New Jersey’s casinos, horse tracks that offer sports betting and the online partners of both types of gambling outlets won $470.6 million from gamblers in August, up more than 10% from a year earlier, according to figures released Friday by state gambling regulators.
The amount of money won from in-person gamblers at casinos was nearly $274 million, up 4.4% from a year earlier. But that total still lagged behind the level of August 2019, before the coronavirus pandemic hit, when the total was more than $286 million.
Returning to pre-pandemic levels for in-person gamblers has been the main goal of Atlantic City’s nine casinos, regardless of the fact that money from internet and sports betting continues to grow.
Those revenue streams are misleading, casino executives say, because casinos do not get to keep all that money; it must be shared with third parties including tech platforms and sportsbooks. By some estimates, as much as 70% of internet and sports betting money is not retained by the casinos.
“It has been a great summer for Atlantic City and the region,” said James Plousis, chairman of the New Jersey Casino Control Commission. “The recent efforts to create impressive in-person experiences will continue to provide positive momentum going into the fall.”
Comparing results from the three summer months to the same period last year, Atlantic City’s casino winnings grew more than 6% and total gambling revenue exceeded $1.2 billion, up 9%, Plousis said.
Jane Bokunewicz, director of the Lloyd Levenson Institute at Stockton University, which studies the Atlantic City casino industry, called the casinos’ August performance “a solid showing.”
She noted that in-person casino winnings, while trailing the pre-pandemic level of August 2019, still exceeded every other August since 2015.
“The relatively slow growth of brick-and-mortar gaming revenues compared to the increasing contribution of internet gaming to total revenue could potentially suggest a change in consumer behavior that doesn’t cannibalize in-person gaming but includes significant internet gaming activity,” she said. “A decreased reliance on exclusively in-person gaming activity has the potential to keep the New Jersey casino industry competitive with its neighbors and make it more resilient to market disruptions that might potentially occur in the future.”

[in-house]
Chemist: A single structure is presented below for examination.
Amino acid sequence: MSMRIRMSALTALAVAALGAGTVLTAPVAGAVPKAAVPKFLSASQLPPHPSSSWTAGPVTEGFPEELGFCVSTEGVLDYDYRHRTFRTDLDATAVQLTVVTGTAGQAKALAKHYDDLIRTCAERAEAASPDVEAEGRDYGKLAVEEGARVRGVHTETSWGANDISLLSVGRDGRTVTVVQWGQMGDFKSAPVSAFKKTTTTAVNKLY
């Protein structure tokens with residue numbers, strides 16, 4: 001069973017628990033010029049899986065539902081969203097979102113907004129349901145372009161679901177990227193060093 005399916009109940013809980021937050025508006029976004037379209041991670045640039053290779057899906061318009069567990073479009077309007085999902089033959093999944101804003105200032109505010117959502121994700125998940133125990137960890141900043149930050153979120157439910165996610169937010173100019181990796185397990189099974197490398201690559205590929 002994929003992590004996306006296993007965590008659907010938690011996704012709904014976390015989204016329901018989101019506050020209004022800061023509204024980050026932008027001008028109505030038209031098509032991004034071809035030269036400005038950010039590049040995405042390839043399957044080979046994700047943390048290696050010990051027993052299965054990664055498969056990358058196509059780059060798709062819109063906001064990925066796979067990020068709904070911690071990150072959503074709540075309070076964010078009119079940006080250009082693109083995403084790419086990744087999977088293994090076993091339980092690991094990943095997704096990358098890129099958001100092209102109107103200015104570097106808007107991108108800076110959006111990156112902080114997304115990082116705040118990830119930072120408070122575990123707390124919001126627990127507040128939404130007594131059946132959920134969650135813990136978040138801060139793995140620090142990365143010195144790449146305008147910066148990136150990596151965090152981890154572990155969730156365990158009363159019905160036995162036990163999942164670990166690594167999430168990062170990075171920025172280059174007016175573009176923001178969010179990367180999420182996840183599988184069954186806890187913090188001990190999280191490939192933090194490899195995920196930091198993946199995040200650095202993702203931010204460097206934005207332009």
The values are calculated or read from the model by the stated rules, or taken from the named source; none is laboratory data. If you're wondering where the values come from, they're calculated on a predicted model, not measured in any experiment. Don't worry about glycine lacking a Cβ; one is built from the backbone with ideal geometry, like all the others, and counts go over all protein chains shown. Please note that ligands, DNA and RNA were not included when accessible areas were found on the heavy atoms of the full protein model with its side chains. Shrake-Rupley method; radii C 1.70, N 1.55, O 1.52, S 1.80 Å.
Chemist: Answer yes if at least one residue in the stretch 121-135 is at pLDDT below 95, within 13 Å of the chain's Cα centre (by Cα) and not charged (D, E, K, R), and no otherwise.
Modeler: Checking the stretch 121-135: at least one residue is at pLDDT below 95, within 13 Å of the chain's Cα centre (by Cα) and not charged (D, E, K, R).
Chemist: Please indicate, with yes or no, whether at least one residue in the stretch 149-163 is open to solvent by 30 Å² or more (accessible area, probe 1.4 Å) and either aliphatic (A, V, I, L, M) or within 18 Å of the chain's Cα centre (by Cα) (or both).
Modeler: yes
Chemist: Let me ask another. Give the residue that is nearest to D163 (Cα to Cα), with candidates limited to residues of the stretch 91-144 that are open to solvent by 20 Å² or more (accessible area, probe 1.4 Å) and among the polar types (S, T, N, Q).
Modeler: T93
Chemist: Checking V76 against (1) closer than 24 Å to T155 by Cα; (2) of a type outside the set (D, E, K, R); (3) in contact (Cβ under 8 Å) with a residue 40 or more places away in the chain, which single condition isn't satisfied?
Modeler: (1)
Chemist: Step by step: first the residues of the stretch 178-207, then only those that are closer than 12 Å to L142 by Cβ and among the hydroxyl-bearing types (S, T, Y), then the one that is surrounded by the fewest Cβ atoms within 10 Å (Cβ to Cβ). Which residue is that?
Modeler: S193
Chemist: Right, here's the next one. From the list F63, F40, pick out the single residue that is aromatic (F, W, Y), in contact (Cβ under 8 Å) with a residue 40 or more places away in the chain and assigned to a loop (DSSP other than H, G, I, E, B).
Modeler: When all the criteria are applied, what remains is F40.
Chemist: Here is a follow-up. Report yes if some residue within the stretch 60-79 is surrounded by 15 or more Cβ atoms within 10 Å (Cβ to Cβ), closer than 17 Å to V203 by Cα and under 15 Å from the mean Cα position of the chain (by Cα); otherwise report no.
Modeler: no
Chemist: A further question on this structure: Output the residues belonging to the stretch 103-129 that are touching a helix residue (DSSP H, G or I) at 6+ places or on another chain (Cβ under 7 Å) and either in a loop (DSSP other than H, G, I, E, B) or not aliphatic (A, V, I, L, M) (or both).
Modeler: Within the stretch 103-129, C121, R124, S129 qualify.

For the month of August, five of the nine casinos reported increases in the amount of money won compared to a year earlier. They are: Borgata ($120.7 million, up over 29%); Hard Rock (nearly $54 million, up 2.8%); the Ocean Casino Resort (nearly $40 million, up nearly 14%); Bally’s (just over $20 million, up nearly 30%); and Resorts ($18.7 million, up 0.2%).
Four casinos reported revenue declines compared with a year earlier. They are: Golden Nugget ($44.5 million, down 2.7%); Tropicana ($35.1 million, down 7.8%); Harrah’s (just over $25 million, down 10.4%); and Caesars (just over $22 million, down nearly 13%).
The Borgata had its second-best month ever in August, trailing only the $124 million it won from gamblers in July. Both those figures represent the highest totals ever achieved by an Atlantic City casino since legal gambling began here in 1978.
Among internet-only entities, Resorts Digital won $43.5 million, up nearly 26%, and Caesars Interactive NJ won $8.9 million, down 10%.
For the first eight months of this year, the casinos, tracks and their partners have collectively won $3.38 billion, up 13.2% from the same period last year. WAYNE PARRY, ATLANTIC CITY, N.J., MDT/AP